Jay D Blakeney is a pseudonym of Deborah Chester, who has also written a YA series under the name Sean Dalton. The Goda War, a space opera, is Chester’s penultimate novel as Blakeney. According to The Encyclopaedia of Science Fiction, Blakeney “seemed to be a writer to watch with some interest”, and while it’s certainly true that her Anthi novels – The Children of Anthi (1985) and Requiem for Anthi (1990) – are much under-appreciated sf novels, the same can’t be said of The Goda War.
Brock is a dire-lord of the Held. This means he is the personal bodyguard of the Held’s suprin. He is a Sedkethran, a humanoid with the ability to flick (teleport) and phase in and out of dimensions. Sedkethrans also possess telepathic powers, though they are strongest with members of their own race. Brock is something of a maverick Sedkethran – the rest of his race are pacifists and dedicated to healing. Brock is a warrior, and so an outcast.
The Held has been conquered by the Imish (known by the Held as the Colonids). The Held is an empire but it’s a liberal one, comprised of many races living in a tolerant society. The Imish are old-style humans, the descendants of a group who refused to accept equality with aliens and so were banished from the Held. For centuries they have been kept in place by the threat of the godas, a trio of planet-sized war machines hidden somewhere within the Held.
But no more. The Imish have defeated the Held. Brock flicks himself and the suprin from the Held flagship seconds before it is destroyed, but the suprin is wounded and dying. With his last breath, the suprin makes Brock his heir and gives him the key to the godas, which is in the form of a bracelet. Later, Brock is captured by the Imish, who, it transpires, were assisted by the suprin’s traitorous heir.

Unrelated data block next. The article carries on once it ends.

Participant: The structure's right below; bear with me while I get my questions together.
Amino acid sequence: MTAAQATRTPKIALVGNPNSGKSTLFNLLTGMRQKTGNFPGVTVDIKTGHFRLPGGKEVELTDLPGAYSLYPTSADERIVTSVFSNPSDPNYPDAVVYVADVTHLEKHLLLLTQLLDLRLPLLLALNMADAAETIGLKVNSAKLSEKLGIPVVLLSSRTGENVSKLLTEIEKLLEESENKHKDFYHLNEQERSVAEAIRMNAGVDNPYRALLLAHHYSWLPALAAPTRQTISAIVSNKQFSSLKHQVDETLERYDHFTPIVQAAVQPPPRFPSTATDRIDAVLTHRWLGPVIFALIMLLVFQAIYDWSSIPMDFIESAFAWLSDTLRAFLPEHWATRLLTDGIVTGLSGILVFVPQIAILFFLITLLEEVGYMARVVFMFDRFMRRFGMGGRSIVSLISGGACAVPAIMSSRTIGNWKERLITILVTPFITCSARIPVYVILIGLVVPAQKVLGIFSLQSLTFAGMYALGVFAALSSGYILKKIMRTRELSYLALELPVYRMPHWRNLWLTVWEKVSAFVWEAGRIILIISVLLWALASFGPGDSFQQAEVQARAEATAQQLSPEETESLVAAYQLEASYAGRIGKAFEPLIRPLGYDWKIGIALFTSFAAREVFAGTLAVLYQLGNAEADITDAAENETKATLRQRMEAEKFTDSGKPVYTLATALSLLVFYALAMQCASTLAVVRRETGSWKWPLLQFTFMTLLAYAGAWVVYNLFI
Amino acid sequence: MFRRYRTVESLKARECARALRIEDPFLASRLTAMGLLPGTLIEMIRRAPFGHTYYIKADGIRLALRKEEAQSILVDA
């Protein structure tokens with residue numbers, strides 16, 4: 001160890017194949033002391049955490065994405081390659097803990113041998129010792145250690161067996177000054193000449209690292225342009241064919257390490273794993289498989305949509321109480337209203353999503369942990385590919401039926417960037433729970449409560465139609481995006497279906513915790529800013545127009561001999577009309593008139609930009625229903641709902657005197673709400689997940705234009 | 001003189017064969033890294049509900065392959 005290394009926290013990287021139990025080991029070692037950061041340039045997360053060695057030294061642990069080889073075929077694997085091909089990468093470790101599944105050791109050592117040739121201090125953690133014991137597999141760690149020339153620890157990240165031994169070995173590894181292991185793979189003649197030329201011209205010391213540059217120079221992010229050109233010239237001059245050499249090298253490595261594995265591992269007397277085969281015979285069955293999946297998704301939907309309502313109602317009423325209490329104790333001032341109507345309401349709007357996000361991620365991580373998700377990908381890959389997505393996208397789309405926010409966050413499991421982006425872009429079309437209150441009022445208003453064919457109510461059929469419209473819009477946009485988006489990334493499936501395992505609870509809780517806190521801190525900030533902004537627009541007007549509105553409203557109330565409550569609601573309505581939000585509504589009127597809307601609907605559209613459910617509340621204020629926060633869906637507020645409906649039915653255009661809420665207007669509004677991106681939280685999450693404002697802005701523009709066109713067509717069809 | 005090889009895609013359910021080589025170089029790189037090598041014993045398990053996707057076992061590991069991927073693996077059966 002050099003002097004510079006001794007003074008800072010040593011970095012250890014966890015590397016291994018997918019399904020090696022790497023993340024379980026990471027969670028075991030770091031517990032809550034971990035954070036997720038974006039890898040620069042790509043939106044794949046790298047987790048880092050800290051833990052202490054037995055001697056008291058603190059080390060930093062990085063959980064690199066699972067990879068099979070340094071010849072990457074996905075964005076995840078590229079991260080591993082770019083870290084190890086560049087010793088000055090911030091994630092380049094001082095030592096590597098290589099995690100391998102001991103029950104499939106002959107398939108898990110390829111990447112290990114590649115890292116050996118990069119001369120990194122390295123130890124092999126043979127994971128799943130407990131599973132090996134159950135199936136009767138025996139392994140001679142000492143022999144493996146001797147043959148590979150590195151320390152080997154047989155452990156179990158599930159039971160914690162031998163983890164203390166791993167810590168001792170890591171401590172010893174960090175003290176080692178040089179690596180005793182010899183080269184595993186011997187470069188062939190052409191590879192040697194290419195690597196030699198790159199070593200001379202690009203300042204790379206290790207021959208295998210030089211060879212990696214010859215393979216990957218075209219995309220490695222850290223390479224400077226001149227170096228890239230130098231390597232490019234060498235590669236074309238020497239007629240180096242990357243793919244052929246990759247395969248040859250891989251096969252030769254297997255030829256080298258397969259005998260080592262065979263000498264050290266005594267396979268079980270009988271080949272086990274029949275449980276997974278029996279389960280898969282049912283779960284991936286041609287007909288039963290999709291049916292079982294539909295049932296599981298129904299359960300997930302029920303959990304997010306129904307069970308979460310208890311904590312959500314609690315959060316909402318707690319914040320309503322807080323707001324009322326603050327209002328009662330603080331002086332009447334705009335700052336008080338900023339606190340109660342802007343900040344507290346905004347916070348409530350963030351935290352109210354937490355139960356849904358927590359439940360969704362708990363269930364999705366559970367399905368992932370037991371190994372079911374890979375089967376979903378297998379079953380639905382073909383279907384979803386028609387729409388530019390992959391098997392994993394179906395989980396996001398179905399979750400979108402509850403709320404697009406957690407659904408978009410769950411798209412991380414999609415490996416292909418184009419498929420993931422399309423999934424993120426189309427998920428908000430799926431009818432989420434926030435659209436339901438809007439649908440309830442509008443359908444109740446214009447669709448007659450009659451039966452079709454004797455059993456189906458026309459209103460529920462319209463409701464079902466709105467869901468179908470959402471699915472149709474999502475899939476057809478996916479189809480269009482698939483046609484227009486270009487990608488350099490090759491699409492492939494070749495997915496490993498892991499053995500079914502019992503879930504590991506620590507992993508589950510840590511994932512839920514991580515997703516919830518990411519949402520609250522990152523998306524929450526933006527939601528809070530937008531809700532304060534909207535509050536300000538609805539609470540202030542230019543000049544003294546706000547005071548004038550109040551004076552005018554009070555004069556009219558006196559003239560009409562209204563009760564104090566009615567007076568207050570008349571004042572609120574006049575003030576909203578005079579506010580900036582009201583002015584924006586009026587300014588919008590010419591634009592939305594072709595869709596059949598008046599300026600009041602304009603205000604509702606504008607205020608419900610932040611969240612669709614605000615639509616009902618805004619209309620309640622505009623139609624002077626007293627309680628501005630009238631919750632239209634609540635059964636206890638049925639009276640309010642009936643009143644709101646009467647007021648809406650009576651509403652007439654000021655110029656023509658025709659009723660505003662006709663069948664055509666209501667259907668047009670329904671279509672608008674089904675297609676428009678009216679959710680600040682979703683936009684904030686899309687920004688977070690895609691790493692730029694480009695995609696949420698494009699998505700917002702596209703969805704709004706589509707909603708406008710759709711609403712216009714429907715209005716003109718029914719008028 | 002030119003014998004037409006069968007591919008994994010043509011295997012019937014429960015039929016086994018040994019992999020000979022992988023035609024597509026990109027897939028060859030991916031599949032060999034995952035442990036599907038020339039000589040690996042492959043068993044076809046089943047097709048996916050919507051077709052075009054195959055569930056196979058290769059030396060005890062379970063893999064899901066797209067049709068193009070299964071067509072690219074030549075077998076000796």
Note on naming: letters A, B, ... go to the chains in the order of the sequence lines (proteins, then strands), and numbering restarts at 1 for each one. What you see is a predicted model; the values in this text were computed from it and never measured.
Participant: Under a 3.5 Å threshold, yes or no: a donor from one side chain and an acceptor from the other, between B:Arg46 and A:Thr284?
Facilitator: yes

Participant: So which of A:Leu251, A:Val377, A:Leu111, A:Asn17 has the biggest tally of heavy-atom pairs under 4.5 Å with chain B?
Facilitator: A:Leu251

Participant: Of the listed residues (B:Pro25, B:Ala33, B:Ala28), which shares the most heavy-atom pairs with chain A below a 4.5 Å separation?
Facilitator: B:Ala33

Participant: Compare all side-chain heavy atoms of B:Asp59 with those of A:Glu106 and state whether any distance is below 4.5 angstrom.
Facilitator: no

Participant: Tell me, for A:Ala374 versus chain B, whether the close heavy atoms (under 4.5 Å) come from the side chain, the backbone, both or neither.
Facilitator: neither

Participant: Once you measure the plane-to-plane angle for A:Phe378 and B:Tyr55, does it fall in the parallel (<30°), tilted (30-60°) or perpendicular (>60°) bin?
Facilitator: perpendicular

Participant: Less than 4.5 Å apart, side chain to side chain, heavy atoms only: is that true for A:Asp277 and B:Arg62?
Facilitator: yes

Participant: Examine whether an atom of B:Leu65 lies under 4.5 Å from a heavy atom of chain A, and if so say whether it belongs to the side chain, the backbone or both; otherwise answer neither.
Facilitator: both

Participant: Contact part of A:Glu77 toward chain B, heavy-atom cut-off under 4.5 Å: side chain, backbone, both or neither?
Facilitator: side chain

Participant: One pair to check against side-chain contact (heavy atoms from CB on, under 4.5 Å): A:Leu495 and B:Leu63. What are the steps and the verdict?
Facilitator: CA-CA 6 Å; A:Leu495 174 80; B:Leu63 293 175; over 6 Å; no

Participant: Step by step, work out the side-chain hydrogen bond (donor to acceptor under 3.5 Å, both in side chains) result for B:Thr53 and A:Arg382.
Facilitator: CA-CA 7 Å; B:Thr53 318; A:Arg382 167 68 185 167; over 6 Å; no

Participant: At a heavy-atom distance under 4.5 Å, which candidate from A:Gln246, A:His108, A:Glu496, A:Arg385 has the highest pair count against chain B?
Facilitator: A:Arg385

With the assistance of an alien, Rho, a Slathese, and another Sedkethran, Ellisne, a Healer, Brock escapes and sets off to activate one of the godas. He is chased by Colonel Kezi Falmah-Al of the Imish, the security chief of the Imish governor of the captured Held capital world. But nothing is quite as simple as it appears – Goda Primary proves to be the Sedkethrans’ home world, and activating it would strip the planet of its atmosphere and kill its entire population. Falmah-Al also hates her boss, and is determined to use the godas to further her own ends.
The Goda War is as close to heartland space opera as it is possible for a story to reside. It has all the signs: an interstellar empire, which is just enough off-kilter to be alien without drifting too far from the human model; neologisms where perfectly good English words exist (e.g., suprin = emperor); magical technology – not to mention Brock’s own magical powers; an abundance of huge spaceships; and a climax in which the entire galaxy is at stake.
Yet for all its adherence to the form, The Goda War manages to ring a few interesting changes. The Held is a surprisingly liberal society, and lauded as such. In fact, it is the threat of the Imish’s near-fascist society which Brock uses to compel his people to eventually overcome their pacifism. It’s not often that sf novels paint humans as the bad guys, or in such stark terms. Falmah-Al makes for a good villain, especially since she is initially sympathetic and only reveals her true colours in the last quarter of the novel.
Admittedly, Brock is a typical space opera hero, anguished and possessing great privilege. And the Sedkethrans read a little too much like some super-powerful race from Star Trek, one which has deliberately limited itself through some arbitrary and easily-broken set of rules. Certain parts of The Goda War also appear to have been inspired by Frank Herbert’s Dune. At one point, Blakeney gives Brock a form of prescience, in which he sees a number of possible futures. The idea is a later dropped and mentioned only in passing near the end of the novel.
The Goda War is, quite frankly, space opera mind-candy. The prose is eminently readable without actually standing out. Brock and Ellisne are little too melodramatic to really appeal as characters, though other members of the cast are better-drawn. The background is mostly identikit space opera but is enlivened by one or two good ideas. And the story-arc is neither innovative nor experimental, but comfortingly predictable. The Goda War is a novel that would make a rainy afternoon pass entertainingly, but it’s never going to win any awards and it’s never going to be remembered as anything special. It’s a shame Blakeney did not continue her career. Perhaps she would have later produced something to rival, or even exceed, her Anthi novels.